The mistreatment of animals is a matter of injustice, and so it’s only fitting that the U.S. Department of Justice stepped in to stop cruelty at Even Keel Exotics in Temperance, Michigan.
The DOJ’s recent resolution of a complaint against the facility’s owner, animal dealer Zachery Keeler, resulted in his surrender of nearly 150 animals and the revocation of his Animal Welfare Act license to buy, sell or trade animals regulated under the Act.
This case exemplifies what is possible when two federal agencies (in this case the U.S. Department of Agriculture and the DOJ) work in tandem to address animal welfare violations. The principle of coordinated action between these two agencies is at the heart of the recently introduced Better Collaboration, Accountability, and Regulatory Enforcement (CARE) for Animals Act a priority measure for us in the 118th Congress.
Some of the stories surfacing from the Even Keel Exotics complaint are heart-wrenching. It alleges that Even Keel Exotics violated the Endangered Species Act by prematurely separating a mother ring-tailed lemur from her infant, who was still nursing, to interact with the public, and then attempting to sell the baby lemur for $3,500.
Other allegations involve Animal Welfare Act violations including failure to provide potable water to animals as needed, failure to ensure safe and sanitary conditions and facilities, and repeated failure to provide access to USDA inspectors responsible for ensuring the health and well-being of the animals at the facility.
For years, Even Keel Exotics has been selling wild cats, wallabies and foxes as pets and offering public contact and handling with various species including armadillos, capybaras, coatimundis, foxes, lemurs and porcupines. The enterprise has been cited 111 times between 2011 and 2023, including 47 repeat, 14 direct, and 11 critical violations. Citations include unsafe handling of a coatimundi and a baby fox who bit children (resulting in one child’s having to undergo post-rabies exposure vaccination and the coatimundi’s being killed to test for rabies); failure to provide veterinary care to multiple species, including prairie dogs with apparent neurological disorders; failure to provide drinking water; and multiple citations for unkempt enclosures with rodent and fly infestations.
Just since 2021, Even Keel Exotics has failed to provide access to Animal and Plant Health Inspection Service officials for inspections at its facility on a dozen occasions, including one streak of eight denials in a row and one incident when inspectors left after they were threatened with trespass. During the inspections completed by APHIS during that period, inspectors issued 21 direct or critical citations that had “serious or severe adverse effect on the health and well-being of the animal[s].”
When the operator provided them with access to the Even Keel Exotics facility on June 29, 2023, APHIS officials observed violations of 20 different provisions of the Animal Welfare Act and its implementing regulations and standards. These violations included five citations for the most serious types of noncompliant items related to the mistreatment of five cats and eight kittens, who were living in filthy conditions without food and water.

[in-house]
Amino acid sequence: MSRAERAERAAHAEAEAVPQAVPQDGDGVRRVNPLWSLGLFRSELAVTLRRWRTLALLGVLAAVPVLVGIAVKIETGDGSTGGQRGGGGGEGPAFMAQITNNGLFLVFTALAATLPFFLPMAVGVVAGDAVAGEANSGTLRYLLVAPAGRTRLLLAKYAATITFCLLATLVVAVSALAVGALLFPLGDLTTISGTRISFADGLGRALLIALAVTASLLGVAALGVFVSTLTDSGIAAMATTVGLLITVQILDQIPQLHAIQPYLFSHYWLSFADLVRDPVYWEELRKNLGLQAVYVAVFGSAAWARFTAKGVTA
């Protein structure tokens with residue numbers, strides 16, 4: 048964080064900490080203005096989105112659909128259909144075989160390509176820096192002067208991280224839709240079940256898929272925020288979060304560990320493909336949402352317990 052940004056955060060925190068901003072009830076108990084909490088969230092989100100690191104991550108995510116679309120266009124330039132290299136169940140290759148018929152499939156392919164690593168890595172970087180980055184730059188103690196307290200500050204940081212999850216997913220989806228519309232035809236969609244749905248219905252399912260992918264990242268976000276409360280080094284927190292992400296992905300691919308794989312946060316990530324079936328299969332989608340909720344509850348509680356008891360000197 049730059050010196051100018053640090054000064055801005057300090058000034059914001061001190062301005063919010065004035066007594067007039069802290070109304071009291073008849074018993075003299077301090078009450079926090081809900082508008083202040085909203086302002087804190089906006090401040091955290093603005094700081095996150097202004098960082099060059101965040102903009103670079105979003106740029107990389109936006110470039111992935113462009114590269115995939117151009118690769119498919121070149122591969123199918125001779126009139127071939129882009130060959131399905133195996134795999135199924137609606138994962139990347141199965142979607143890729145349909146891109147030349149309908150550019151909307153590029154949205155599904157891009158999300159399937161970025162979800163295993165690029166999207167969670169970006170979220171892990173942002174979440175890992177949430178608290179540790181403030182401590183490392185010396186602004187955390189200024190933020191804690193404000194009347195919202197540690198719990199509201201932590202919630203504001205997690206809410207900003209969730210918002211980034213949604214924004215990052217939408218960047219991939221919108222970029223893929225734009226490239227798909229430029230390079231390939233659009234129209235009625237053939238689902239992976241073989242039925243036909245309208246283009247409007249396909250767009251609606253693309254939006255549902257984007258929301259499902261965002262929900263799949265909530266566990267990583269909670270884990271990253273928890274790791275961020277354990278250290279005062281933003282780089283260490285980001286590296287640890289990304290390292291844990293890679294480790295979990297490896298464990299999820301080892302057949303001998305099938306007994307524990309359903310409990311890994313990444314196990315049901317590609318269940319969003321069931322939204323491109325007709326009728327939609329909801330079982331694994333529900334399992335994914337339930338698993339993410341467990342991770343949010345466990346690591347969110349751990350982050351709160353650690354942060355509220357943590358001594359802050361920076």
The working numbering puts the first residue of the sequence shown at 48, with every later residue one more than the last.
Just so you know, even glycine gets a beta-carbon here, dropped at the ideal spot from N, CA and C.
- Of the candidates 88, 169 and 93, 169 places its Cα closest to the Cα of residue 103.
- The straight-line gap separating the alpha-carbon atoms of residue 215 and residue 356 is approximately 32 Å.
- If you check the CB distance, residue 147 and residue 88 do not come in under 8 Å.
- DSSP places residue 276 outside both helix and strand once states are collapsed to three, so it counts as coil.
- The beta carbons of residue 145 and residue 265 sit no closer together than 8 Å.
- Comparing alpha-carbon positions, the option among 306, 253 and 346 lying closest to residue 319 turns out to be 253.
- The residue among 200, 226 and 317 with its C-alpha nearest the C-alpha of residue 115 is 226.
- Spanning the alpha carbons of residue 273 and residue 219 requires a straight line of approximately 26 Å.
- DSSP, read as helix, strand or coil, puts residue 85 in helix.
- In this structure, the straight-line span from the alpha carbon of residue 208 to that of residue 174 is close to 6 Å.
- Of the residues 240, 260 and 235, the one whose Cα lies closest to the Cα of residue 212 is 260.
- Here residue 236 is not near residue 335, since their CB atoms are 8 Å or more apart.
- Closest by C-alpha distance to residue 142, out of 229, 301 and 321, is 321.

Other citations were issued for failure to provide veterinary care to prairie dogs, Richardson’s ground squirrels, baby foxes and a cavy; failure to provide drinking water to thirsty Arctic foxes, a rabbit, a capybara, a hog, an African crested porcupine and a cavy; failure to address filthy, infested conditions that included extremely high ammonia levels in the hedgehog breeding room, enclosures with excessive feces and food waste, and rodent and fly infestations; and failure to maintain animal enclosures properly.
The complaint against Even Keel Exotics relied solely on violations uncovered during the last two years.
Sadly, Even Keel Exotics is not an anomaly; there are many others across the country where APHIS inspectors discover serious and repeated evidence of animal cruelty and mistreatment. It’s a win that the DOJ was able to act on behalf of animals under both the Animal Welfare Act and the Endangered Species Act, and that’s just one more reason we believe the DOJ needs some of the same enforcement tools available to the USDA already. That’s the basic premise of the Better CARE for Animals Act, and it’s at the heart of our view that a whole-of-government approach, one that unites federal agencies in joint, coordinated action in support of animal welfare, is simply what the animals in our society deserve.
The Better CARE for Animals Act reflects the nation’s commitment to animals and their protection. Urge your legislator to cosponsor the Better CARE for Animals Act.
Sara Amundson is president of the Humane Society Legislative Fund.